About 20% of all babies born have temperament traits of a fussy or high need, or what we call a spirited child.
Spirited children share many of the characteristics you will find below. They require extra TLC (Tender Loving Care) from parents because their behaviour can be very challenging.
Children generally do not change their temperament as they grow but temperament can change in intensity as they move through their developmental stages.
Parents are not responsible for making a child spirited. They are born that way and grow up to be wonderful adults. Parents handling a spirited child need extra support, and need to be sure that their own needs are met: Sleep, healthy food, healthy self-esteem, and personal time.
Characteristics of the Spirited Child
- Want to be held all the time.
- Doesn’t schedule well for eating, and toilet habits.
- Cries for no “apparent” reason.
- Reacts strongly against sleep training.
- Won’t stay for long in carriers that are not attached to parents.
- Gets bored very easily.
Toddlers and Preschoolers
- Smart – won’t play with toys, mostly real items.
- Every day is unpredictable.
- Mood swings occur in minutes.
- Wakes up generally unhappy most times from naps and night sleep.
- Experiences early night terrors and many night awakenings. They are restless sleepers.
- Severe separation anxiety occurs, often lasting from age one to age five.
- Goes through most daily requirements such as getting dressed, car-seat buckling, transitions, diaper changing, meals, bath, tooth-brushing, with difficulty and opposition.
- Clings in new situations and with strange people.
- Wants to do everything themselves. The child is very self-directed and is “The Boss”!
- Child is not easily distractible.
- Child has violent, intense tantrums that may last for at least an hour. Tantrums may include screaming, crying, head-banging, vomiting, hitting, and an almost catatonic state where the child can’t hear, respond or listen to calming influences.
- Child is very active during play and sleep
- Often a picky eater.
- The child still requires a lot of attention and physical contact during night-time and day.
- Very structured and needs routines.
- Better-tempered if the child gets adequate sleep and food.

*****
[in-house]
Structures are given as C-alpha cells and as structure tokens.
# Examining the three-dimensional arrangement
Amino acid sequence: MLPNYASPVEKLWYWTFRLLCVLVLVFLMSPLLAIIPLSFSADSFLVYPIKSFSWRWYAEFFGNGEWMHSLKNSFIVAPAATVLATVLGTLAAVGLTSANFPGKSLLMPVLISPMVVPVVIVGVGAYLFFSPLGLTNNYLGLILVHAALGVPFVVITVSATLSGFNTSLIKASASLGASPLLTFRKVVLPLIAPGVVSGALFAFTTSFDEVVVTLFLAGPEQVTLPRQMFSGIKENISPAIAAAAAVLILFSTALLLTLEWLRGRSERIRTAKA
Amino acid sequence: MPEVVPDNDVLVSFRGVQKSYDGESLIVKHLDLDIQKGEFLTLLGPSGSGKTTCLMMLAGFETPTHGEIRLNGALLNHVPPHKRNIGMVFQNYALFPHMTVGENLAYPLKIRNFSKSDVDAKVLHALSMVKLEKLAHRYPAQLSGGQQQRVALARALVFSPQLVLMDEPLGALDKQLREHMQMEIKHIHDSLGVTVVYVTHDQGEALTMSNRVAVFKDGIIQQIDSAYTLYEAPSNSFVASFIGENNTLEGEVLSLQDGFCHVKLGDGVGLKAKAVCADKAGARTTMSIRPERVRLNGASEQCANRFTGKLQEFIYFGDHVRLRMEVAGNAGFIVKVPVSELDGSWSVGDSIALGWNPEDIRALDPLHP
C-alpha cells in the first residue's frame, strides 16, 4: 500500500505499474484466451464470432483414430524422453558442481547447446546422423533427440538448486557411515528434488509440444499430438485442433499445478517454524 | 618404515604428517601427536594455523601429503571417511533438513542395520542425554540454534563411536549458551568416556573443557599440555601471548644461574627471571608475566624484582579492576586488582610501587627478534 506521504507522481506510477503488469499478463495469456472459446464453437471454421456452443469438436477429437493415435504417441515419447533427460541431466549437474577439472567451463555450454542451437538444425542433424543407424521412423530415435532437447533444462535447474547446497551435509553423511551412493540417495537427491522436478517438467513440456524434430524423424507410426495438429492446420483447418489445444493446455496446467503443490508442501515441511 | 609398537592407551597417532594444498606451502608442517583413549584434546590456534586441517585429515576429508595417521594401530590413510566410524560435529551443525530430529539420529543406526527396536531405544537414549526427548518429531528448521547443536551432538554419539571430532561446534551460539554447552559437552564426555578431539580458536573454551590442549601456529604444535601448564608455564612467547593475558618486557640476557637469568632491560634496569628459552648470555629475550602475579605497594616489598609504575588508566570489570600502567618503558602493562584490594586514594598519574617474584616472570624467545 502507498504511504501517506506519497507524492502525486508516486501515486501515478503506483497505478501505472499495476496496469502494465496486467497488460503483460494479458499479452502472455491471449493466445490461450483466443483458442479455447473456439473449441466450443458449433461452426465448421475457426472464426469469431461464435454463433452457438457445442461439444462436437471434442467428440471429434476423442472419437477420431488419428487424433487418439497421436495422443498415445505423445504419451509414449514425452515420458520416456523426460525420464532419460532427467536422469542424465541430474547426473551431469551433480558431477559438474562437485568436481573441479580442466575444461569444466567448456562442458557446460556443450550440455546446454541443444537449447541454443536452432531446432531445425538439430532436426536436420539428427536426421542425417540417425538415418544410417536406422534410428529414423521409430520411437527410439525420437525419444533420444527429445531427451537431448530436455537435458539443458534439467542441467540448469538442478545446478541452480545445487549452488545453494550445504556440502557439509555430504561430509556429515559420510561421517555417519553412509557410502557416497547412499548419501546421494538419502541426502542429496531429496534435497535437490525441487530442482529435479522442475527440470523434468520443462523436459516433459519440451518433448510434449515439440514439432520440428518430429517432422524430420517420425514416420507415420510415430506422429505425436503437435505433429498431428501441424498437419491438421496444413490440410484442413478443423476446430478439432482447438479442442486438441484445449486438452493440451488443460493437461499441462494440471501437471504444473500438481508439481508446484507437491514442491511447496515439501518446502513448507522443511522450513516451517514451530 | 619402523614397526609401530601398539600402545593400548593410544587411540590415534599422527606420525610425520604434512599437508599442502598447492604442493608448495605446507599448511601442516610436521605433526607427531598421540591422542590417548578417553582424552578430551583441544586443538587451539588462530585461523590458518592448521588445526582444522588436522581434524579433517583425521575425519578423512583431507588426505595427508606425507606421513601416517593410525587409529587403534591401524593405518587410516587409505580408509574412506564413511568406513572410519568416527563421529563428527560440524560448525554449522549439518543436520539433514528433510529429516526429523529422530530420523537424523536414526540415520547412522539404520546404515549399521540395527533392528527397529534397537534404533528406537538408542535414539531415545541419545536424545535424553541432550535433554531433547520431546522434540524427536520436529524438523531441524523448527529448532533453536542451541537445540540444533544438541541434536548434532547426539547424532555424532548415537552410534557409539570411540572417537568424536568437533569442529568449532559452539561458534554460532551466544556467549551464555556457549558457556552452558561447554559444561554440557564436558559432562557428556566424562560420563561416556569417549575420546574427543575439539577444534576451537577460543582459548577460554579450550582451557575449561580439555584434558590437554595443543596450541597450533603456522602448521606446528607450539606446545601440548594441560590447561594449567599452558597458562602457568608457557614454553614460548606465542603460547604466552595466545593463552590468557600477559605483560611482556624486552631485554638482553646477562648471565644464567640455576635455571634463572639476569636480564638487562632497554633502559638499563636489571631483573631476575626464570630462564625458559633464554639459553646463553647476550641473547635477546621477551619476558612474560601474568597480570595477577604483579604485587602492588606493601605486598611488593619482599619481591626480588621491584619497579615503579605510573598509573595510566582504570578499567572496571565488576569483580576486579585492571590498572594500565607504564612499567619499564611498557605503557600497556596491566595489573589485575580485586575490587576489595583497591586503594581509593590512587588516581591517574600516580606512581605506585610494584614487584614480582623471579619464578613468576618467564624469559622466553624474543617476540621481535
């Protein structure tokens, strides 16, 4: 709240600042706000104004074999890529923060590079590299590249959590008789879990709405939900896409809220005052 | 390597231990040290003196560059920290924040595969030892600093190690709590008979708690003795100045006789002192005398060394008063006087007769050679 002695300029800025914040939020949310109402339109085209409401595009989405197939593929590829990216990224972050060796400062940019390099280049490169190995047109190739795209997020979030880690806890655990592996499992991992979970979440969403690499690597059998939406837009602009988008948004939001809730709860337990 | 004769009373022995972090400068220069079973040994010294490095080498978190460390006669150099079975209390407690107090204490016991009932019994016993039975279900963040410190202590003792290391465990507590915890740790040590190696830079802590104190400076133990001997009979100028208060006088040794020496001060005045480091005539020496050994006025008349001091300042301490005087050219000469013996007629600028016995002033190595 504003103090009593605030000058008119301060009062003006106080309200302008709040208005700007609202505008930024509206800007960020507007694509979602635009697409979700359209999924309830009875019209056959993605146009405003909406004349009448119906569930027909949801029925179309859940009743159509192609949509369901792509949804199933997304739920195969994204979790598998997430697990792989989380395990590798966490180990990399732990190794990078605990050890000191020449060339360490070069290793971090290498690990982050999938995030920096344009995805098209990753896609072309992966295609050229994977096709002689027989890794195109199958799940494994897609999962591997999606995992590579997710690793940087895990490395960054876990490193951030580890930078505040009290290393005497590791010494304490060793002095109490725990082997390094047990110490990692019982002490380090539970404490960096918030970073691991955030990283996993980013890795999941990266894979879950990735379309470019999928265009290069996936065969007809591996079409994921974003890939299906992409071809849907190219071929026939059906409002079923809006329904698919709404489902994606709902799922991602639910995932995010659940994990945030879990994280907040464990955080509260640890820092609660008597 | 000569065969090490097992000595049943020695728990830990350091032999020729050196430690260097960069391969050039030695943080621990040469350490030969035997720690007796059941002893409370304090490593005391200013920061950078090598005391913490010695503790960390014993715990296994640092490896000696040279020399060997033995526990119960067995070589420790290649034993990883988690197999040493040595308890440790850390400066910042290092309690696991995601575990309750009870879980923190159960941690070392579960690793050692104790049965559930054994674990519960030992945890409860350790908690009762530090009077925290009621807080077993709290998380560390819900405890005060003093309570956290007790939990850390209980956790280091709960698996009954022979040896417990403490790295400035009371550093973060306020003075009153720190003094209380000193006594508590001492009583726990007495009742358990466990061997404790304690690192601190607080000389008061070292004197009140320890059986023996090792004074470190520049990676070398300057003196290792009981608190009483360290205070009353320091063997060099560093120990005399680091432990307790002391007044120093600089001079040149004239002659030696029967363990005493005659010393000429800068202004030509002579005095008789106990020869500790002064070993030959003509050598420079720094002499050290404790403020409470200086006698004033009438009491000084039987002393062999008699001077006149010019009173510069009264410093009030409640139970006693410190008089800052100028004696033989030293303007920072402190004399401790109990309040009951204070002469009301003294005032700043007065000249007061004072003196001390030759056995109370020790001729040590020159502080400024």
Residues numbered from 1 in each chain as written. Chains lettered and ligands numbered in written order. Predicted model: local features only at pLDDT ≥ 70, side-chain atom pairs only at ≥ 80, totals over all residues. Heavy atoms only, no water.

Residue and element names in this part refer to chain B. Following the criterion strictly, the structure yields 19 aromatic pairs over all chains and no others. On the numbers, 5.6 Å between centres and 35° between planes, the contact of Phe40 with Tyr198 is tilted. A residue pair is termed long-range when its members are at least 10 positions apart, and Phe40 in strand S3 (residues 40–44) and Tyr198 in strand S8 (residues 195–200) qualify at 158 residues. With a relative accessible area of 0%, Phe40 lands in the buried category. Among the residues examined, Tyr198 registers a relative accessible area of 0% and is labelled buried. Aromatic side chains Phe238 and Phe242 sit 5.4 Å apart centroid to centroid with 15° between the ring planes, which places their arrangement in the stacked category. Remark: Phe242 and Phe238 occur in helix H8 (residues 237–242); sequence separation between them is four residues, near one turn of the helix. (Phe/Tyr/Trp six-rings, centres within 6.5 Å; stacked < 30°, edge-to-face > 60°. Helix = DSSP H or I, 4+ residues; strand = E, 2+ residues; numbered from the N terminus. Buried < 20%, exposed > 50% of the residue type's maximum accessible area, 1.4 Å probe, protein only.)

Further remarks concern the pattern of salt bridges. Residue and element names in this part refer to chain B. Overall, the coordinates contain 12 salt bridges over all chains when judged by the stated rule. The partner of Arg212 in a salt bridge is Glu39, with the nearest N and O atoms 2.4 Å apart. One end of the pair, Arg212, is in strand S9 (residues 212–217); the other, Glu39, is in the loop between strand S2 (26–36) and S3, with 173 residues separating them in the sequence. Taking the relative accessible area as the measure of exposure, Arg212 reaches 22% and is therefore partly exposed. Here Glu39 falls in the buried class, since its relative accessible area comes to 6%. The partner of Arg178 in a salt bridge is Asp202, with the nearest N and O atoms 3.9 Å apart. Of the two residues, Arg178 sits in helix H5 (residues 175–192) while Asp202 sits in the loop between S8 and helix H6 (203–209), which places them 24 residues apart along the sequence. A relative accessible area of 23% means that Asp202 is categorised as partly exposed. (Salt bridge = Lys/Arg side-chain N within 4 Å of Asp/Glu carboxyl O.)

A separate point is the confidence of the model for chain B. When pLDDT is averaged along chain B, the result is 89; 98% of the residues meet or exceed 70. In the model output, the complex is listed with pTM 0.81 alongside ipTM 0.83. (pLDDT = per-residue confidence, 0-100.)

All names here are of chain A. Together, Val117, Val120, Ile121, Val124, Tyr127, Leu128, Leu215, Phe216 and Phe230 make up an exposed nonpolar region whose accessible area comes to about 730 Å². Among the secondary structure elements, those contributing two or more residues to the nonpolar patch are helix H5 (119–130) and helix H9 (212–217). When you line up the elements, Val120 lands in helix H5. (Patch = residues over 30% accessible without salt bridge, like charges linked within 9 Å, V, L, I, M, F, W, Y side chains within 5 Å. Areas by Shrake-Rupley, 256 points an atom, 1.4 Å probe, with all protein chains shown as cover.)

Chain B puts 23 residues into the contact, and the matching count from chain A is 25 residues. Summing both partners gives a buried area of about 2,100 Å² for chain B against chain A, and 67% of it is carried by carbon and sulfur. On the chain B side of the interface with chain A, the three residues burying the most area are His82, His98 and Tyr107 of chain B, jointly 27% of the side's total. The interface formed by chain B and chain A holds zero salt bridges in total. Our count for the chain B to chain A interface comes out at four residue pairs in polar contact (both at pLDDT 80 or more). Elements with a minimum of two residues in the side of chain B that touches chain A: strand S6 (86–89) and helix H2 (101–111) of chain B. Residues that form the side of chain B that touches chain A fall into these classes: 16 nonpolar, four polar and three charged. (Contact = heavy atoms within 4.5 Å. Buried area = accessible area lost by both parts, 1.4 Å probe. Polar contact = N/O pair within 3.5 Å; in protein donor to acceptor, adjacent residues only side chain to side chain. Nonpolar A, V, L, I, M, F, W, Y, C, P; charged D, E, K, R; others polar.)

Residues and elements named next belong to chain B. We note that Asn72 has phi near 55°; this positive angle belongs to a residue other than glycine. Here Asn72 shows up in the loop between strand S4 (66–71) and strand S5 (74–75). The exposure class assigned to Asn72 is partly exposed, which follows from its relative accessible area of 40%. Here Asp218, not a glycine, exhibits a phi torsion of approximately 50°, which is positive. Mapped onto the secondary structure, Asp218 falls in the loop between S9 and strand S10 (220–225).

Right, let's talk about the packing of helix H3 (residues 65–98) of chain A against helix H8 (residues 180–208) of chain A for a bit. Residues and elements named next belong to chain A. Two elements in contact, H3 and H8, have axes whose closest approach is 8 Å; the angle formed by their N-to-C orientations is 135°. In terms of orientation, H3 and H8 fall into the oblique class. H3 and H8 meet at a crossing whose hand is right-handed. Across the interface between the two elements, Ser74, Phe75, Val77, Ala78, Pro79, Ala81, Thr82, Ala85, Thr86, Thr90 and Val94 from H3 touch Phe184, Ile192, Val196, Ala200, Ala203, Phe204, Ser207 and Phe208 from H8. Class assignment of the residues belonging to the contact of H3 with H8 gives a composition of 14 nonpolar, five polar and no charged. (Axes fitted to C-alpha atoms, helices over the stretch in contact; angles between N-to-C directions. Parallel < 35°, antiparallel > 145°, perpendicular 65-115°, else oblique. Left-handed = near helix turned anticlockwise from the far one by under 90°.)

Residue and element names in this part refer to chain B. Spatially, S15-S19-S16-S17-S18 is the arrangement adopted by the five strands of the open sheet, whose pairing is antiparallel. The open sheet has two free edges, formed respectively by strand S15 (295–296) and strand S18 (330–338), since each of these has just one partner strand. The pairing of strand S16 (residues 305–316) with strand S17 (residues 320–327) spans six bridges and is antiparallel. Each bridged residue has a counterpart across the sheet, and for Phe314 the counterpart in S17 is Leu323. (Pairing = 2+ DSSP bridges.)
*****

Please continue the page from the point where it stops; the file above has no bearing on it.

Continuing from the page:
- Very determined in needs and wants. Still is very self-directed.
- May dislike clothing blends.
- Requires a lot of physical contact.
- May still have temper tantrums if goals thwarted
- May still have periods of separation anxiety.
- Not easily swayed by peers. Again, still very self-directed.
- Requires a lot of physical contact.
- Determined and self directed. Child wants to make most decisions themselves.
- Child is very responsible, caring and empathetic.
- Can take own responsibility for ensuring sleep, and food intake is adequate.
These are general characteristics of the high needs, fussy or spirited child. Some children are more or less of these. Most children respond well to an easy-going parenting style full of warmth, structure and democratic decision making.
Looking for more answers and guidance regarding your high need or fussy child? The Fussy Baby Survival Guide is jam-packed with information, strategies, stories and the full results of two surveys I’ve done of parents of high need babies. It answers questions like:
- How do I know if my baby is colicky, high need, or something else entirely?
- Will my high need baby ever get easier? And if so, WHEN?
- Is “high need” a real thing? Is there any research to back it up?
- What are the most effective strategies for helping my high need baby sleep?
- How do I deal with my child’s INTENSE tantrums?
For more info or to grab your copy now, click here!
Judy Arnall is a Parent Educator, Mother of five children (three of those spirited!) and author of Parenting With Patience and Discipline Without Distress: 135 tools for raising caring, responsible children without time-out, spanking, punishment or bribery.